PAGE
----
<img src="https://certify.alexametrics.com/atrk.gif?account=43vOv1Y1Mn20Io" style="display:none" height="1" width="1" alt="">

Here's how to create a retro animation using stock [Sponsored]

How to create a retro animation using Adobe Stock.
2 minute read

How to create a retro animation using Adobe Stock.

Tutorial: 8-bit love! Here's how to create a simple, but unique animation using only Adobe Stock. 

There is a lot of different and inspiring content available on Adobe Stock. A great tool for keeping tabs on things is libraries. Libraries are a collection of tagged assets that can contain custom colour swatches, assets you upload from your computer, or Adobe Stock elements. You don’t need to purchase stock elements to add them to a library, you can save them for later, and import watermarked versions of the assets straight into Adobe CC applications.

I like retro video games and listen to chip-tunes. I grew up playing point-and-click adventure games in beautiful hand painted 256 colour palette glory. I think the pixel pushing aesthetic is cool and there are some interesting ways it can be used in post-production. However, I am not a character designer nor an animator. My background is in video post.

I started an Adobe Stock search for “8-bit” and created a new library to start saving assets.

Adobe Stock

A lot of great and varied content. Asset packs, characters, icons, backgrounds, and fonts. All kinds of sub-genres too like the forest backdrop looks straight out of an adventure title for the Amiga or Atari ST.

I’ve settled on this four-in-one pack of vector background assets to get started. Much to my surprise, the “find similar” button worked reasonably well. I stumbled across more backgrounds that, I wouldn’t necessarily describe as 8-bit but would work quite well, like this one.

Now that I’ve settled on some background assets, I’ll need a foreground character. Searching “8-bit walk” brings up a small but functional number of walk cycles. I’ll start with this guy.

It’s a vector asset that we can manipulate in Adobe Illustrator. All of the various poses for the walk cycle are grouped into a single page here. We’ll have to split these out into separate documents for each movement so that we can animate them.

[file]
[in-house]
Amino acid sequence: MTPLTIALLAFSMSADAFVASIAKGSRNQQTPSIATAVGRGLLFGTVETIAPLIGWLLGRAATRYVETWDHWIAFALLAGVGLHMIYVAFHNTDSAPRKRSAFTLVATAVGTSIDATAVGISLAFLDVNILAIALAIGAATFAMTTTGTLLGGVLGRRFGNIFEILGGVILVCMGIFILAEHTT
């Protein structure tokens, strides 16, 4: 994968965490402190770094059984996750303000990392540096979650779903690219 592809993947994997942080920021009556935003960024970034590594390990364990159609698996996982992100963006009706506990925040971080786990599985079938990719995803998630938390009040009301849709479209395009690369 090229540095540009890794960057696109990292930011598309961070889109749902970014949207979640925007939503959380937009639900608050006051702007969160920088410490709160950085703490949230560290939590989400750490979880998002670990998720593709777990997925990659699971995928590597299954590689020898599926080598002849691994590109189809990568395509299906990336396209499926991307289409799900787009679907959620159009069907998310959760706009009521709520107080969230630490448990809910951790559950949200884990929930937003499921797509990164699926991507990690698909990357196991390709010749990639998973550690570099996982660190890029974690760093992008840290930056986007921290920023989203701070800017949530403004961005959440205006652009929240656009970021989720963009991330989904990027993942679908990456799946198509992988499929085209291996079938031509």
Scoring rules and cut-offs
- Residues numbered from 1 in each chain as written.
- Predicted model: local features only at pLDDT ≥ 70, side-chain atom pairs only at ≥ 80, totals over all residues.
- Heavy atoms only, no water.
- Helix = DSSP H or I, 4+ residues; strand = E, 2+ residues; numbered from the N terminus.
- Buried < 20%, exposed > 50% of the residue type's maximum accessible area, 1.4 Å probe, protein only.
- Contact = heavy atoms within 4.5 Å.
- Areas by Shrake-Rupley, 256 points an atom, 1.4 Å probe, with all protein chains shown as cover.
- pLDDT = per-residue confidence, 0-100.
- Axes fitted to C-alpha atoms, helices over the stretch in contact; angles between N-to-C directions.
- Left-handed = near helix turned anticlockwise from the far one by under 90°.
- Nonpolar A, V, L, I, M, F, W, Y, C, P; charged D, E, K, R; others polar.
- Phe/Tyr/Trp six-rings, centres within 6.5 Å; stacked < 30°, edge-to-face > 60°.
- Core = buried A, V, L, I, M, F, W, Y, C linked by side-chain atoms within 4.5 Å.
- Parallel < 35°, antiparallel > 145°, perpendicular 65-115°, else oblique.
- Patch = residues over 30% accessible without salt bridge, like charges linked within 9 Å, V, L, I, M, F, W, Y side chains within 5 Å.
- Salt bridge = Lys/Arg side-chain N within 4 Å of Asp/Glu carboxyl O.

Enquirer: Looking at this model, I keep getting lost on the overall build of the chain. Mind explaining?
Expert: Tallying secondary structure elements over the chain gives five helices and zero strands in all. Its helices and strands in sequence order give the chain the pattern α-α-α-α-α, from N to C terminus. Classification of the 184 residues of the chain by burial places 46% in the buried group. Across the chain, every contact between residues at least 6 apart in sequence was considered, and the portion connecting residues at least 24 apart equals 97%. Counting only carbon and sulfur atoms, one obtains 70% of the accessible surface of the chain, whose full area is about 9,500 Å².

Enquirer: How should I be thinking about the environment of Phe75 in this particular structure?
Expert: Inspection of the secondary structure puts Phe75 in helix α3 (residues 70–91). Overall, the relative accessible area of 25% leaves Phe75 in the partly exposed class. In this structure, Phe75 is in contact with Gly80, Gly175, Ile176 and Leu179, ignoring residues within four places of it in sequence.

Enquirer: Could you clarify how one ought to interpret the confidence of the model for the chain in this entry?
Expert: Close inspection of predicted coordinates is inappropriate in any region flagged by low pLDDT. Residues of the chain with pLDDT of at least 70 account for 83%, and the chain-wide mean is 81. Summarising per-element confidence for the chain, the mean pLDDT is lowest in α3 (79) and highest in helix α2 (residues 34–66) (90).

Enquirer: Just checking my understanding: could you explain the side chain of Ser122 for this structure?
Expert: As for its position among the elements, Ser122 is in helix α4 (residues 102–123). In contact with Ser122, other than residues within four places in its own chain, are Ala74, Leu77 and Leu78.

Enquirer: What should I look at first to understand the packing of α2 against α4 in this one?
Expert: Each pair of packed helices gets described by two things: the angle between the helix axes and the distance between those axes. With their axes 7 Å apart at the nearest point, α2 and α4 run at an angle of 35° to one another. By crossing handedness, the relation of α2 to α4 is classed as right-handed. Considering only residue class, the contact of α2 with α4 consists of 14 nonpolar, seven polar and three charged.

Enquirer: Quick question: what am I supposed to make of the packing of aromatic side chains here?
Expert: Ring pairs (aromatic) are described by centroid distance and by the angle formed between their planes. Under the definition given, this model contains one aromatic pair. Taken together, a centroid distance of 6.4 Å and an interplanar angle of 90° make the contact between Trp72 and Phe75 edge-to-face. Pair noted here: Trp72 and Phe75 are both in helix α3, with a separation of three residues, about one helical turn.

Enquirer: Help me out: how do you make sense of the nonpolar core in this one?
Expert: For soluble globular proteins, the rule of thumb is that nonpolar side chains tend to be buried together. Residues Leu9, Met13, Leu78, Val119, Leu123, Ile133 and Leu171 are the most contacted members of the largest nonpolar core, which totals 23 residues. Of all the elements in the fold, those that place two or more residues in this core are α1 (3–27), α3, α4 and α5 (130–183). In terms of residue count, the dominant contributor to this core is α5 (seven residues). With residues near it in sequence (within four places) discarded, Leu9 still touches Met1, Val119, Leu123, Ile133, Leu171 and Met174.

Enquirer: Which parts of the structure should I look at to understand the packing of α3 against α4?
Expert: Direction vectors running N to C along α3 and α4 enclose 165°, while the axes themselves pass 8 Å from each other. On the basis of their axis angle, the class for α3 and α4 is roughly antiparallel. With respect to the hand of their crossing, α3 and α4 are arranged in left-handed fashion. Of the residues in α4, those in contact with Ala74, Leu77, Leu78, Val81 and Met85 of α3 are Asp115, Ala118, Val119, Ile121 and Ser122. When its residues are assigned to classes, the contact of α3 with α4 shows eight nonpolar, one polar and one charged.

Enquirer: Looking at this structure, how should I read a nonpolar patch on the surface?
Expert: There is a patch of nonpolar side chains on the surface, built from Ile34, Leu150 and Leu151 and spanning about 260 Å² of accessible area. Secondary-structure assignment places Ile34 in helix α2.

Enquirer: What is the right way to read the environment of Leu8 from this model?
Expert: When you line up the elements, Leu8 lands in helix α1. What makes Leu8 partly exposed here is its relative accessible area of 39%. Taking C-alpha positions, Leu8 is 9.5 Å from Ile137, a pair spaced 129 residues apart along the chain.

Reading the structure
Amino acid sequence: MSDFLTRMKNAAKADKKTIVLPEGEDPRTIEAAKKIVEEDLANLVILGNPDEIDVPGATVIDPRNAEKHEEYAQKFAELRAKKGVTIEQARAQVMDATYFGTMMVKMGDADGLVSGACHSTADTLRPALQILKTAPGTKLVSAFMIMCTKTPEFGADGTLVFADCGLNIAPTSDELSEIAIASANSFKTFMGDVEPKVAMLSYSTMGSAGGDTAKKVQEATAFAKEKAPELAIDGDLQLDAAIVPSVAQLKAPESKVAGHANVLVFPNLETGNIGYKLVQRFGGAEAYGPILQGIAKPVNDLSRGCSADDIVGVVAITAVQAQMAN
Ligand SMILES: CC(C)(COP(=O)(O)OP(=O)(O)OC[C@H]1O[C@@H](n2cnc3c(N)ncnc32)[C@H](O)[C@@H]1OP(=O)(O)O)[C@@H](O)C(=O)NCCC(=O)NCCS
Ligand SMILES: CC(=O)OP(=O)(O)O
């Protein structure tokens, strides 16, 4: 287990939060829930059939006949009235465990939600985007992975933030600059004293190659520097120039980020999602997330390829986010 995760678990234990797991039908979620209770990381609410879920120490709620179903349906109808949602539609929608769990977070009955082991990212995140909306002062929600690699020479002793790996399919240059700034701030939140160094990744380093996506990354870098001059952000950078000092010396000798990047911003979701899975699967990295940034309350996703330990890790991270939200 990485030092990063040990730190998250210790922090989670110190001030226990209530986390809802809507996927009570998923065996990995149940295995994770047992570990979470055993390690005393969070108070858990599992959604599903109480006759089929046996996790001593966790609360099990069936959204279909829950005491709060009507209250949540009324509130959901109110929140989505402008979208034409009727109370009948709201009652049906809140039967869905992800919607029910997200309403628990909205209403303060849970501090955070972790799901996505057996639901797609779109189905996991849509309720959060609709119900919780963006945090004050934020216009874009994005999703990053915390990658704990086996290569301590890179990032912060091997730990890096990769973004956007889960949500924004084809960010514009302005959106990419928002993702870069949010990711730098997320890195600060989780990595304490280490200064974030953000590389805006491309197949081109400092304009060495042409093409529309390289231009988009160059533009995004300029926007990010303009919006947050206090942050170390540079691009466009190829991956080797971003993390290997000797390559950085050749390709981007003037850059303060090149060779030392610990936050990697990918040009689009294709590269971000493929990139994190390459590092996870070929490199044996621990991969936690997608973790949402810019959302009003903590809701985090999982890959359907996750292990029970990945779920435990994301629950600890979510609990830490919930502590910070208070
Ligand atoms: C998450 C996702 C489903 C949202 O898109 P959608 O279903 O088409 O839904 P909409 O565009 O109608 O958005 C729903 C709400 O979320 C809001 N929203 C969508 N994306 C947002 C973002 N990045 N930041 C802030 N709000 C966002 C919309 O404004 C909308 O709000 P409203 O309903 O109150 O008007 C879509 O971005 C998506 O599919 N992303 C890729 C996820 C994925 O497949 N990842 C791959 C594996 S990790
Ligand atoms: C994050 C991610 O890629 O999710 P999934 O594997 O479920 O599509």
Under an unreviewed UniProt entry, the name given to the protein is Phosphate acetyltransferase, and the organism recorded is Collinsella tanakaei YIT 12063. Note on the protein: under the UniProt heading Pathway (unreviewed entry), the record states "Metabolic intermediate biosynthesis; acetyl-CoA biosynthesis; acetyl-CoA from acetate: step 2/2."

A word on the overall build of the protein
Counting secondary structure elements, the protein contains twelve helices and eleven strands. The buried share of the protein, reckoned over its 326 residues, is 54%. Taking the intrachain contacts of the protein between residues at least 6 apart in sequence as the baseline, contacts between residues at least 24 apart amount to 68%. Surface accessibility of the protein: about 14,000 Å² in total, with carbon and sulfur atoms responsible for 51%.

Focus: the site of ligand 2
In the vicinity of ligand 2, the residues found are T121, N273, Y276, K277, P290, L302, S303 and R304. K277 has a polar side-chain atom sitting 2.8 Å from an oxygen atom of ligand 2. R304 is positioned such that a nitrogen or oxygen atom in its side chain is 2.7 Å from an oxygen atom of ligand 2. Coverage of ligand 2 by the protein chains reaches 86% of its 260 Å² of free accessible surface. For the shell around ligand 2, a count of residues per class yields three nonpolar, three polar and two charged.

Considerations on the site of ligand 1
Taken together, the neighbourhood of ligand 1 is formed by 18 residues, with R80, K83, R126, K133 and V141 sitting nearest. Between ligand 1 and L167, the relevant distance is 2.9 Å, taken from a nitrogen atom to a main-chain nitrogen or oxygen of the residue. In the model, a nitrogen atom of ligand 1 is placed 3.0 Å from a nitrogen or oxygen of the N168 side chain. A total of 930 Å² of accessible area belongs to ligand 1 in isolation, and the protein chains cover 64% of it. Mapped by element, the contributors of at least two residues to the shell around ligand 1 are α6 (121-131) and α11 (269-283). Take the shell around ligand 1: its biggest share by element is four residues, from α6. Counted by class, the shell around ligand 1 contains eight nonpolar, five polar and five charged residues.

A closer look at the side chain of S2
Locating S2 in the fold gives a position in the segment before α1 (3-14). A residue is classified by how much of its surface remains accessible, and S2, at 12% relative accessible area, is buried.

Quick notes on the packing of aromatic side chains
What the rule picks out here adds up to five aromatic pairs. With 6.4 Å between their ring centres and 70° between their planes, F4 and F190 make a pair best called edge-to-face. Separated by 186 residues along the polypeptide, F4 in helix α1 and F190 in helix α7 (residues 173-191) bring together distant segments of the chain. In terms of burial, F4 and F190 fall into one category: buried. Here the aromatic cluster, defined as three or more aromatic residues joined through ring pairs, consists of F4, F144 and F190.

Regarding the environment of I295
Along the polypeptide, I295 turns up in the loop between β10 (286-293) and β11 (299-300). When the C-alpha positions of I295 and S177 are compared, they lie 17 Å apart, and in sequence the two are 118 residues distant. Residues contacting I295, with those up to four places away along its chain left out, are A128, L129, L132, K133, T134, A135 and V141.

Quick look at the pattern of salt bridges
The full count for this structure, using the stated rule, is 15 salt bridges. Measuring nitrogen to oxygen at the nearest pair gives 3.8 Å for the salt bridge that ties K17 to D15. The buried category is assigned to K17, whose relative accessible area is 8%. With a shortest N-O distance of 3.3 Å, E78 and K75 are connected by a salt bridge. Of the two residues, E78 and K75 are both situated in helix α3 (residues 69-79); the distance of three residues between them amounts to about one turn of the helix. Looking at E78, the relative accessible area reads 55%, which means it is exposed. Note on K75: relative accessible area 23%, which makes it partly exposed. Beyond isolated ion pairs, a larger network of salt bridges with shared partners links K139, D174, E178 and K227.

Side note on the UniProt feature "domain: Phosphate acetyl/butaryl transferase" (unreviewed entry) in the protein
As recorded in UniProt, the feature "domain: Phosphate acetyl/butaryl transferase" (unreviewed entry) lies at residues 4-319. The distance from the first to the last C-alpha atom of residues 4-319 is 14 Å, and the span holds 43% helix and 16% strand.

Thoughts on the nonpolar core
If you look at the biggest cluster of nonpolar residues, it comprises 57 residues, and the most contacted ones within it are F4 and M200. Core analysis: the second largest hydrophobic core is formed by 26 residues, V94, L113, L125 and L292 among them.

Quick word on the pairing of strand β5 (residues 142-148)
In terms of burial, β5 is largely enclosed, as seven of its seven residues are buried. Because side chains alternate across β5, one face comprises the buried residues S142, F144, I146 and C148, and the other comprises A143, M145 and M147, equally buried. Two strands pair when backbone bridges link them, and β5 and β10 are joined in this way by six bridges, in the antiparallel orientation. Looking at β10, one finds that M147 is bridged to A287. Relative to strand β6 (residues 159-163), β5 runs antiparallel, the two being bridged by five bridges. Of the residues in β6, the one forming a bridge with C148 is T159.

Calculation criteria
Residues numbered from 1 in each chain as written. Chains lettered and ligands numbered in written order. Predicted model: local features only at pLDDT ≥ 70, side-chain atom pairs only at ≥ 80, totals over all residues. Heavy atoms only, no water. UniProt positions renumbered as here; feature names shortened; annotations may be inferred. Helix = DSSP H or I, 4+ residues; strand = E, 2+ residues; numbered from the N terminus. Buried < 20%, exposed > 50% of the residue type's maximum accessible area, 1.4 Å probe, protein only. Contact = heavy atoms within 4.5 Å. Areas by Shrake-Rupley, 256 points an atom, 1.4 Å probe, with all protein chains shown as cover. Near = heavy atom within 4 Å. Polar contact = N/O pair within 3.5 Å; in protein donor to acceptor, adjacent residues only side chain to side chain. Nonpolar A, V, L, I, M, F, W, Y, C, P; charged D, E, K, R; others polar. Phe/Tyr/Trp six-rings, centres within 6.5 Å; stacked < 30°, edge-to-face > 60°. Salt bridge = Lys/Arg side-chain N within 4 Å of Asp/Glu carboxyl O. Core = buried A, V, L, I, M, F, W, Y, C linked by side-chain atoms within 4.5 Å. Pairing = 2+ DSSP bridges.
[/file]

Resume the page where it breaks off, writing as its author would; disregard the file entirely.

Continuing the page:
Adobe Stock inside Illustrator

The fastest way to get through this is by using Artboards within Illustrator. I’m going to start a new document with a resolution of 80 x 80 with 8 artboards (since that is the number of walk cycle components).

Adobe Stock inside Illustrator

By using the direct selection tool, we can split out each step onto its own board, and scale them all accordingly to better fill out the frame.

Adobe Stock inside Illustrator

Now with each asset split out, we can export in a batch. Go File > Export > Export As and select PNG, and “use artboards”. This will export each panel into its own file, and since we’re using PNG as the target format the background will be transparent.

To animate the cycle, I’ll open Premiere (I could use After Effects, but I don’t need to). Stack the walk cycle above the backdrop. Manually cut in a 1 frame duration for each step of the cycle and duplicate the cycle to run the length of the shot. To animate the walk, move the frame sequence into a nested sequence. This will allow us to reposition and keyframe the whole sequence at once using the standard effects controls tab.

Adobe Stock inside After Effects

First layer is the backdrop, second is our cutup walk sequence

Adobe Stock inside After Effects

Adobe Stock inside After Effects

Retro animation using Adobe Stock

And that’s it! With just a few clicks in Illustrator and Premiere, some basic animation and a unique look. With further attention to detail and leveraging the wide library of still and video assets available, a lot can be achieved very quickly by using Adobe Stock elements in an animation workflow.

Tags: Post & VFX Tutorials